NAHI was founded in 1987 as a professional association for home inspection workers within the United States. Like the other two organizations, NAHI has its standards and ethics codes.
Insurance and the 300,000 reasons you need it
Home inspectors must be insured for at least $300,000 for errors and omissions and general liability for “Home Inspections”. And believe me, your prospective customers are going to ask you if you have it. Just make sure the policy lists coverage for Home Inspections and not something else like construction, roofing, painting, or other types of contracting.
What about consumer guarantees?
Members of the National Association of Certified Home Inspectors (NACHI) will GUARANTEE TO BUY YOUR CUSTOMER'S HOME BACK if you are unfortunate enough to miss something. The details of Nachi's insurance are as follows:
1. Honored for 90 days after closing.
2. Valid for home inspections performed for home buyers by participating InterNACHI members.
3. Your customers will be paid an amount equivalent to what they paid for their home.
4. The home must be listed with a licensed real estate agent.
Know the available Long Island housing stock situation
You can 'bet the bank' that anyone planning to buy a home in Long Island, NY, is going to lean towards an inspector who is demonstrably knowledgeable about the various types of housing in and around the area you're looking buy.
Nassau County for example, has many older homes built in the early 1900’s. These older-style homes need a specialized approach to determine what 'if any' weaknesses they may have. Homes in Suffolk County on the other hand, are much newer and may be subject to a very different set of construction guidelines.
It's worth pointing out that Long Island is famous for its housing developments, especially the larger ones. Take Levittown for example – those homes must be checked thoroughly for cheap and/or inferior materials that may not be up to the sort of punishment Long Island weather can dish out.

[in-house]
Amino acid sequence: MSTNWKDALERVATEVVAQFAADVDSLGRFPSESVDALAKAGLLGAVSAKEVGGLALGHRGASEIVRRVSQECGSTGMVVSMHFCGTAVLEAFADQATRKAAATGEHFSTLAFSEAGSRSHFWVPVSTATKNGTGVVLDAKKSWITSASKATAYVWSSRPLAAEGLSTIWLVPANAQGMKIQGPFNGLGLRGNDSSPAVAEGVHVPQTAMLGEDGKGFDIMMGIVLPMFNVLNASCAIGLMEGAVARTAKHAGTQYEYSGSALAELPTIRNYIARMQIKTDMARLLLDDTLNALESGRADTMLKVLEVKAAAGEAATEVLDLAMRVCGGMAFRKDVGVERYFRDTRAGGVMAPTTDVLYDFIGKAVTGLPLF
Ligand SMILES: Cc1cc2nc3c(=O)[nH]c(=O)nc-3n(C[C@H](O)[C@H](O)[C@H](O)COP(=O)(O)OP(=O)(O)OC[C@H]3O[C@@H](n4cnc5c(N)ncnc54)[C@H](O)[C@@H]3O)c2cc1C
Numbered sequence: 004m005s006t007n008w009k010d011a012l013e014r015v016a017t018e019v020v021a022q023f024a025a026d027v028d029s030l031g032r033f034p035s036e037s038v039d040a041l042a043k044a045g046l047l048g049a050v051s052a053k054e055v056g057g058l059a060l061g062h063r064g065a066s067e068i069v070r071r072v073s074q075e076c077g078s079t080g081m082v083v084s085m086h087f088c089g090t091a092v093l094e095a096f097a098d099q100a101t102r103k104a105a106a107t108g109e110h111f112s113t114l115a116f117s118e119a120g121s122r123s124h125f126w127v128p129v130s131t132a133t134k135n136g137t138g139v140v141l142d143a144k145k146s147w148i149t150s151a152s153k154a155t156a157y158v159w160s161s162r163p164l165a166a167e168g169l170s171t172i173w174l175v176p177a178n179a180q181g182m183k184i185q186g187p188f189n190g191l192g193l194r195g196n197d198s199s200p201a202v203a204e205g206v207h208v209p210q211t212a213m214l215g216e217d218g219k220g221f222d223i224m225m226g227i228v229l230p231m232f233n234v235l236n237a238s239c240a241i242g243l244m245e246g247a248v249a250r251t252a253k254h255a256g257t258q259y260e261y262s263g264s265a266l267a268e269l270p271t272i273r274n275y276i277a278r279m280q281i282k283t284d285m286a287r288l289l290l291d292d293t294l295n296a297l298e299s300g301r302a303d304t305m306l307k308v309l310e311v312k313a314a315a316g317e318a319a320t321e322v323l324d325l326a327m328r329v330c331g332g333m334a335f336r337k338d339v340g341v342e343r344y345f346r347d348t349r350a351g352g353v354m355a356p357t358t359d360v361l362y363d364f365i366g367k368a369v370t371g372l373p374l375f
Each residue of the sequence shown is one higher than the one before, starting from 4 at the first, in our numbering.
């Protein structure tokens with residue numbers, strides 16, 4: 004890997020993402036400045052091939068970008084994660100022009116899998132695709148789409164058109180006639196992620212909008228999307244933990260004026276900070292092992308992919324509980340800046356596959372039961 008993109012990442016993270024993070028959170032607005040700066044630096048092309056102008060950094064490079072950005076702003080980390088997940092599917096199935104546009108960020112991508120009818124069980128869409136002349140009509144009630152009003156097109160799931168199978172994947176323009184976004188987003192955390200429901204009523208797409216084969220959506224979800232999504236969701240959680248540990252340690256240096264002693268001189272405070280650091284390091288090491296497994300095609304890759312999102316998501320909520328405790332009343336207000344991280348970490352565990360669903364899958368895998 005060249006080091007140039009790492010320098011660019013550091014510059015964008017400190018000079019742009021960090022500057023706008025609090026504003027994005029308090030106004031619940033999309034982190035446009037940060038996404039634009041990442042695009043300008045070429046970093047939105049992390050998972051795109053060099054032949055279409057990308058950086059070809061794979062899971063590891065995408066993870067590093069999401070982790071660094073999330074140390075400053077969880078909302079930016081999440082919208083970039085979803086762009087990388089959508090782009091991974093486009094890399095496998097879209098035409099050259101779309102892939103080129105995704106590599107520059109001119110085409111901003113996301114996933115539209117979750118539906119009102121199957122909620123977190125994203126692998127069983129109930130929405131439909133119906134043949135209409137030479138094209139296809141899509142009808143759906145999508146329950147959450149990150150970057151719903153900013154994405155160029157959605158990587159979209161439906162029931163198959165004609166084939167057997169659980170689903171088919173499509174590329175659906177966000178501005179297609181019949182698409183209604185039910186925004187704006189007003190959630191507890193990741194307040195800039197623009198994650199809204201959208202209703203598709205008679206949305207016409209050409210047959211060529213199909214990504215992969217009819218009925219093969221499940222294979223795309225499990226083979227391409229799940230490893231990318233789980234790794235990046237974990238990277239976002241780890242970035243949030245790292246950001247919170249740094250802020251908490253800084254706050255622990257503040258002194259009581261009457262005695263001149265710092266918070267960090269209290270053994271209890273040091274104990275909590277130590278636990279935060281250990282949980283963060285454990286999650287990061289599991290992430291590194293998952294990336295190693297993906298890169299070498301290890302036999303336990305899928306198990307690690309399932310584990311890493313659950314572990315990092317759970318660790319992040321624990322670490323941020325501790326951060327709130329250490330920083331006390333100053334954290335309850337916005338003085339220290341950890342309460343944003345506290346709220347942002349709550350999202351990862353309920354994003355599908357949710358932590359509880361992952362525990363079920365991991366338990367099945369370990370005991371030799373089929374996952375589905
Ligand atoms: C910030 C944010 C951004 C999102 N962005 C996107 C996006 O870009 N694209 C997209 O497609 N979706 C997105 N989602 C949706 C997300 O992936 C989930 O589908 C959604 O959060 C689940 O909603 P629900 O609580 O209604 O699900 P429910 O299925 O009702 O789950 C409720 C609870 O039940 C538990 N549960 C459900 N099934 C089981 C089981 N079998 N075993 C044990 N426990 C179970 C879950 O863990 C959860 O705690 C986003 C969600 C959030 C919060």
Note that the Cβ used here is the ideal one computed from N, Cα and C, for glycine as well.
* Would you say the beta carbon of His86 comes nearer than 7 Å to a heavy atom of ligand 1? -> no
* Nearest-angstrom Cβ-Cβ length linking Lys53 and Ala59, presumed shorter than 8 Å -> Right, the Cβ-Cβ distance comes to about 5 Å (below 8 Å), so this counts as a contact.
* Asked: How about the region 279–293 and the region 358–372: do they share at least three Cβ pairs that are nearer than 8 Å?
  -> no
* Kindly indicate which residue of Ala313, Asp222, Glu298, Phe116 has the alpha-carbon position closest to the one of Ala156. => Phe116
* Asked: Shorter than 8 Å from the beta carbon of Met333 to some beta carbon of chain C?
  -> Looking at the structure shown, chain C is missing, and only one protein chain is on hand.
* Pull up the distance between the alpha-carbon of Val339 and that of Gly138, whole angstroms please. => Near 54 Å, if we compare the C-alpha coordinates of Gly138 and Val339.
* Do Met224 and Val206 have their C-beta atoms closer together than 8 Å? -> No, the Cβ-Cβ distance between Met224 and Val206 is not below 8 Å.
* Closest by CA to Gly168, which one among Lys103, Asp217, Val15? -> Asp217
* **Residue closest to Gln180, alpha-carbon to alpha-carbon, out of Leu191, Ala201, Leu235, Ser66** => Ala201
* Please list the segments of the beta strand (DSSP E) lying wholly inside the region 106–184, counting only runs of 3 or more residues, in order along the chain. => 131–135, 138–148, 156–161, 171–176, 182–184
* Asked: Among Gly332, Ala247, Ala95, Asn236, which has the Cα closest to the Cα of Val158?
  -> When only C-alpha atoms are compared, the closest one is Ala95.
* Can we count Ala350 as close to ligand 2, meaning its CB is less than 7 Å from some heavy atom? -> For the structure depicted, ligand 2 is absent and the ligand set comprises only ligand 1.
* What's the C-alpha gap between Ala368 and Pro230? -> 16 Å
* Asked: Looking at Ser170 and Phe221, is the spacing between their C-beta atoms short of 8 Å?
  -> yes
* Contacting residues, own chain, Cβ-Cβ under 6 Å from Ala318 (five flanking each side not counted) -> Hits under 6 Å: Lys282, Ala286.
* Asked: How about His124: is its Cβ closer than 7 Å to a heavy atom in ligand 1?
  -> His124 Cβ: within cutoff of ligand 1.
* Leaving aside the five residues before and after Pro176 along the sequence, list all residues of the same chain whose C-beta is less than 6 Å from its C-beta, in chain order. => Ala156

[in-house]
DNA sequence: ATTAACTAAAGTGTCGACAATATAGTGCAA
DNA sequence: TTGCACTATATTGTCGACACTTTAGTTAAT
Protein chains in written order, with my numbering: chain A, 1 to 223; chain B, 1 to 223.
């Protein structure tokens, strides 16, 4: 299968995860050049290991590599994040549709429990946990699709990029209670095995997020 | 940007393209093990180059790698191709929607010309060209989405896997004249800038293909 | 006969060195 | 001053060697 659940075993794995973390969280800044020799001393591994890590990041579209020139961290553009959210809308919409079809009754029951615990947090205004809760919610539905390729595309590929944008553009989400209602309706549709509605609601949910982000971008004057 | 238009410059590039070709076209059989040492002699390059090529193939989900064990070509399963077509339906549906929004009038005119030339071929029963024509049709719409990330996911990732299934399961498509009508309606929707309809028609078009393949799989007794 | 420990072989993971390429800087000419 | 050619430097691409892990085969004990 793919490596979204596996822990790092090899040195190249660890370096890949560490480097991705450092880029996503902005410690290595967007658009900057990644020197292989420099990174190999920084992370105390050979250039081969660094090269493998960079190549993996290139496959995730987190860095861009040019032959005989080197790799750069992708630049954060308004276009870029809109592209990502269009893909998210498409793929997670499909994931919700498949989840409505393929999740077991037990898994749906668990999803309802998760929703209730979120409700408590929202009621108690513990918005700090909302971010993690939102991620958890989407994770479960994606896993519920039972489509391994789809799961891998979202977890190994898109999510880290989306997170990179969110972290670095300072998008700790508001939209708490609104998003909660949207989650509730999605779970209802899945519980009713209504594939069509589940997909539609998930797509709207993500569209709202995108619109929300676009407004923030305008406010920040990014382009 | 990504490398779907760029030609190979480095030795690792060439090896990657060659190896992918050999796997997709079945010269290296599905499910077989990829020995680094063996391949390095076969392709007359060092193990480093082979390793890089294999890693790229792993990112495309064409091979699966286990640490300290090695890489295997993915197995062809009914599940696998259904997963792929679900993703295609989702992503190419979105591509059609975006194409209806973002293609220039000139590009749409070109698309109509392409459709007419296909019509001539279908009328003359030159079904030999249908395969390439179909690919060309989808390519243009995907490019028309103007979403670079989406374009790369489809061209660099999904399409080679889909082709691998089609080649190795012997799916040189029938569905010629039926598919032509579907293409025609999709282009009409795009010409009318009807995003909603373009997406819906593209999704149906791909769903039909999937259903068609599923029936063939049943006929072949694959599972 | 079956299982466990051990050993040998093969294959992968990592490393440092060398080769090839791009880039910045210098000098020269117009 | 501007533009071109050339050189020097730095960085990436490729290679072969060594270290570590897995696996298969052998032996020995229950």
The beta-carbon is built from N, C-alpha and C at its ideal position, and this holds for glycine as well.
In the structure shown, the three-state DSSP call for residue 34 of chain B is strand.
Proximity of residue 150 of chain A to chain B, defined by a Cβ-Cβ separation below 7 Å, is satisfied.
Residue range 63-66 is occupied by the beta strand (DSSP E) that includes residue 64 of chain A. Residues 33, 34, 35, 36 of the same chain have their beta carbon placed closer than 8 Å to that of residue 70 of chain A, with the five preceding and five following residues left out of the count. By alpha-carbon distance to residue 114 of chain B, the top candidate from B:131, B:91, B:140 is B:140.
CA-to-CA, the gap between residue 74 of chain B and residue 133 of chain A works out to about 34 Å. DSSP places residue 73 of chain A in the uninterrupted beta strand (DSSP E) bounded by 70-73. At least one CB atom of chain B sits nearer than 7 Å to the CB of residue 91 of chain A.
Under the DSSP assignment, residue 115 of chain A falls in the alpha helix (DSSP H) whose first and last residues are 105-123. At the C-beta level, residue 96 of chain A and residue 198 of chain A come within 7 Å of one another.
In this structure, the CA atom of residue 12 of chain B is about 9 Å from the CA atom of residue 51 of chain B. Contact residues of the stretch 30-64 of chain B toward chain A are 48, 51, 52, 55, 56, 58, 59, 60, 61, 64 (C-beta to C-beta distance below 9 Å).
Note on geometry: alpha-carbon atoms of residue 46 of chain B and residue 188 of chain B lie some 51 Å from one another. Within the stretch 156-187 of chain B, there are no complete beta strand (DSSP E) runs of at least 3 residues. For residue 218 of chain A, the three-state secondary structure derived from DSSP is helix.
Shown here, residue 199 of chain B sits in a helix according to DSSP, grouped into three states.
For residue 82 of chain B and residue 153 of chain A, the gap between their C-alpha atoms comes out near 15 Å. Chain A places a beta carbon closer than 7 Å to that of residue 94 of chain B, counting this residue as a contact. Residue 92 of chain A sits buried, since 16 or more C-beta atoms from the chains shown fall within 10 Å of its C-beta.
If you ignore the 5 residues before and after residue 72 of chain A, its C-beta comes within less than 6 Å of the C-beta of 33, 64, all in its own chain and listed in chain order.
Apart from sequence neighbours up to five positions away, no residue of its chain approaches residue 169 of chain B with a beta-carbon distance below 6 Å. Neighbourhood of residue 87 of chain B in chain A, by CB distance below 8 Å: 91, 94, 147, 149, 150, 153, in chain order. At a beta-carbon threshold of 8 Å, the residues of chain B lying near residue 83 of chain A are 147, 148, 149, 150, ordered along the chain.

Also, there are countless apartments that require special sets of checklists to review. Queens County, although officially part of New York City, is often considered part of Long Island, NY and has many buildings converted into two and three family dwelling structures with multiple renovations over the years.
As you can see, taking the time getting to know the housing stock situation on Long Island could well prove to be the single biggest lead generation asset you could have. Make the effort and you'll surely reap the rewards.
So, you're sold on becoming a home inspector – where to next?
If the lure of a Long Island home inspection career has hit its mark, the next thing you need to do is check out the job opportunities for home inspectors in Nassau County and Suffolk County. You can do this by going to Indeed.com and doing a Google search for "long island rookie home inspection careers and job vacancies."
Learn the tricks of the trade from one of your future competitors!
Tom Driscoll of www.bestlongislandhomeinspection.com is a bit of a legend on Long Island. As one of the original local home inspectors he knows the place like the back of his hand. You might think that Tom would be kinda 'put out' by someone drilling him for info on the ins and outs of becoming a home inspector on his own home turf, but he's quite the opposite. Give him a call and offer to buy him a beer in exchange for a quick chat. Knowing Tom, hey, it might just work!
But if you're not quite ready to eyeball the enemy just yet, you could always do a bit of home grown competitor research by going to Yelp and checking out the Top 10 Home Inspectors on Long Island